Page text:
Slovenia 1200-1500

Carantania : Slavic settlement and Frankish conquest

According to traditional historiography, Carantania - Carniola, Carinthia and large parts of Styria - were settled by the Slav Carantanians in the late 6th century. These Slavs were pagans; remaining Roman settlements such as AGUNTUM were destroyed, christian communities erased. Recent publications stress the affinity between the (little known) language and culture of the Veneti and that of the early Slavs, identifying the Slovenians as the Veneti's descendants. The theory explaining the name Wends, Windish as deriving from Veneti may also be correct.
When Charlemagne campaigned against the Avars in 791 and 799, the area was annexed to the Frankish Kingdom, placed under Frankish counts, and christian mission begun. The area was placed under the dukes of Bavaria. Ecclesiastically, most of modern Slovenia came under the administration of the Patriarch of Aquileja. The FREISING MANUSCRIPTS contain the oldest texts written in Slovene; the language was used in religious services. Monks from Freising, Brixen and Salzburg participated in mission work in Slovenia; the aforelisted bishoprics acquired territory there.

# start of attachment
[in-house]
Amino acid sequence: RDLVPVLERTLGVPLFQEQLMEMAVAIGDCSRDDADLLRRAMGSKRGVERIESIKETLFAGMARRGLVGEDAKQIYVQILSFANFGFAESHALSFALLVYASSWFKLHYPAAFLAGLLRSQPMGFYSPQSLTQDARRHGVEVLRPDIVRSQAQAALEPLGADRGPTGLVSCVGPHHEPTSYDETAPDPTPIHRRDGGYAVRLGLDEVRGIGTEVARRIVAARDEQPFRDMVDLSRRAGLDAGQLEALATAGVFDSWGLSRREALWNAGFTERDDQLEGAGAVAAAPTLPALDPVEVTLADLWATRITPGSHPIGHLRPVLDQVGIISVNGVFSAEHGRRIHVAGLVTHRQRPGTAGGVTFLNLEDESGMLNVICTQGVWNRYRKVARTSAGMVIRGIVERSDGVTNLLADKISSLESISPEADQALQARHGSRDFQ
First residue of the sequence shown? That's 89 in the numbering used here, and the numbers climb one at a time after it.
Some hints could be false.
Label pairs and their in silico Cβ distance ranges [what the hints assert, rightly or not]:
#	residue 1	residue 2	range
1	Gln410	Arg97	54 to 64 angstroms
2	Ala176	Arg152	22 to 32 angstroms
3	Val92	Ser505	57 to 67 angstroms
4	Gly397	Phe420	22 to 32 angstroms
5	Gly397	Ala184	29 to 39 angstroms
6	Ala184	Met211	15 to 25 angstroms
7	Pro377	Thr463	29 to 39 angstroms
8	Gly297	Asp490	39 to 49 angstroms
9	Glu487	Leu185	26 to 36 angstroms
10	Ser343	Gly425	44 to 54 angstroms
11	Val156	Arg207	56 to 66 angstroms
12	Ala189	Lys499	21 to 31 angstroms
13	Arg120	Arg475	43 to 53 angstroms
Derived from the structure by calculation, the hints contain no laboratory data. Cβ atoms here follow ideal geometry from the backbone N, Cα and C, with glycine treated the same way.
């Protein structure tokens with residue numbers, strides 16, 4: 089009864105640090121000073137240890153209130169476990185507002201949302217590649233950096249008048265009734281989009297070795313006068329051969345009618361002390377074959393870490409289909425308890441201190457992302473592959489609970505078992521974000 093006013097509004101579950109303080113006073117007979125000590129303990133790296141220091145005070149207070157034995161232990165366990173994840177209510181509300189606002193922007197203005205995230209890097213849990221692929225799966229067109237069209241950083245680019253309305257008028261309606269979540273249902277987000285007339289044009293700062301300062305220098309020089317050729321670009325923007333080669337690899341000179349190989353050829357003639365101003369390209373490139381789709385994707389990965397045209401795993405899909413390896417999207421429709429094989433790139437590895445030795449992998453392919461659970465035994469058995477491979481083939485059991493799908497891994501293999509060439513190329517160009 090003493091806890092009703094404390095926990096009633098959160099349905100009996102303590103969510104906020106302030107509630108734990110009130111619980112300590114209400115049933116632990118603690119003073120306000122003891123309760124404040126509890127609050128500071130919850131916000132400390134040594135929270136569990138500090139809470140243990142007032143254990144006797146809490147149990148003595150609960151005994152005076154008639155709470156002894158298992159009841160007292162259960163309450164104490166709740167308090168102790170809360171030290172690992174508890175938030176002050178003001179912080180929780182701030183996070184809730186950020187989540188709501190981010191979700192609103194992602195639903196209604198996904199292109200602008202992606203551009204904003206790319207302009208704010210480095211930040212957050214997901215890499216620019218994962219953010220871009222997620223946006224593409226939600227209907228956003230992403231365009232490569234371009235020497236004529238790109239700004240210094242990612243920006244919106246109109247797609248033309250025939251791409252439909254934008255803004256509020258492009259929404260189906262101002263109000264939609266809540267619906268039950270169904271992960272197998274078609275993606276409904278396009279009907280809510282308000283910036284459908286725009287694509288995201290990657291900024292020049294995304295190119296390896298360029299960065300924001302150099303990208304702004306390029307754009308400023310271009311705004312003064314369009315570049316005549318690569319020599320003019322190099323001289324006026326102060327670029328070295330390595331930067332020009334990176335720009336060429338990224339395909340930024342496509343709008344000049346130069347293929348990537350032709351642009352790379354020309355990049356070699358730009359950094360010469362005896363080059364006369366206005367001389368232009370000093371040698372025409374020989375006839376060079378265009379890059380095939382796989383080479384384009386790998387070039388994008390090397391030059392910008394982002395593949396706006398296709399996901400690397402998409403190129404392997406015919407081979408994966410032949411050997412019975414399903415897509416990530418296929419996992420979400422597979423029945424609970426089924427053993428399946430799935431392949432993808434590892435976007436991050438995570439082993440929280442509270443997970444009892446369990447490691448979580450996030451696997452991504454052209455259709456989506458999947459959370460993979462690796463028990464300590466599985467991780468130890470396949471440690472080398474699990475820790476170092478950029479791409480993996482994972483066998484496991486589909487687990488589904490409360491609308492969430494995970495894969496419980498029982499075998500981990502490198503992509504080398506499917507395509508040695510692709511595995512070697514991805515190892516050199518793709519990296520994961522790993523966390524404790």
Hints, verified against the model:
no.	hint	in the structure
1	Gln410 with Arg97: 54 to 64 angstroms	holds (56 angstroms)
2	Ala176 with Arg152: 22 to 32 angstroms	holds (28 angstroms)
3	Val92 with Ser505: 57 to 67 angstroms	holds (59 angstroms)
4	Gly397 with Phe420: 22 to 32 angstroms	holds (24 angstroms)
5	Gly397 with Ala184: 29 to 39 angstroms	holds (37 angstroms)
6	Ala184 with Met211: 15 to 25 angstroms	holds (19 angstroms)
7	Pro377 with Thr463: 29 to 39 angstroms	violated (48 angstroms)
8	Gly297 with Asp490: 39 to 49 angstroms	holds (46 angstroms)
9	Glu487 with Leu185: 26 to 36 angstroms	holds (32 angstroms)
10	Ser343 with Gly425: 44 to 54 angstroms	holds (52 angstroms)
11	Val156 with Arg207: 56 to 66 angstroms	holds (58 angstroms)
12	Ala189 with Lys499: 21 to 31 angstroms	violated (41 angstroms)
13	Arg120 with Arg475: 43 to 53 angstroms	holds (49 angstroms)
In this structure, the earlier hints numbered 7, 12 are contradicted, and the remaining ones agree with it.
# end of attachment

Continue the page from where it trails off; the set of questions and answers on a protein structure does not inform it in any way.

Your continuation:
In the Frankish partitions of 843/870/880, Carantania was allocated to the East Frankish Kingdom. In the 9th century, Slavic principalities, identified as Slovenian, were documented in the Pannonian plain (thus outside of present Slovenia), on the left bank of the Danube, such as the principalities of Privina (849-862) and of Koselj (Kozel, 862-876). In 895 the pagan Magyars (Hungarians) arrived in the Pannonian plain.

Ivan Tomasic, Veneti are the Beginning of the Slovenian Nation
A Brief History of Slovenia, by Stane Granda
History of Carinthia, Görz, Tirol, Steiermark and Krain, scroll down for Vindia - Indo European roots of Slovenian history by Dr. Jozko Savli (for the derivation Veneti-Wends)
REFERENCE F.W. Putzger, Historischer Atlas zur Welt- und Schweizer Geschichte, Aarau : Sauerländer 9th edition (1954) 1975

This page is part of World History at KMLA
First posted in 2000, last revised on March 11th 2005

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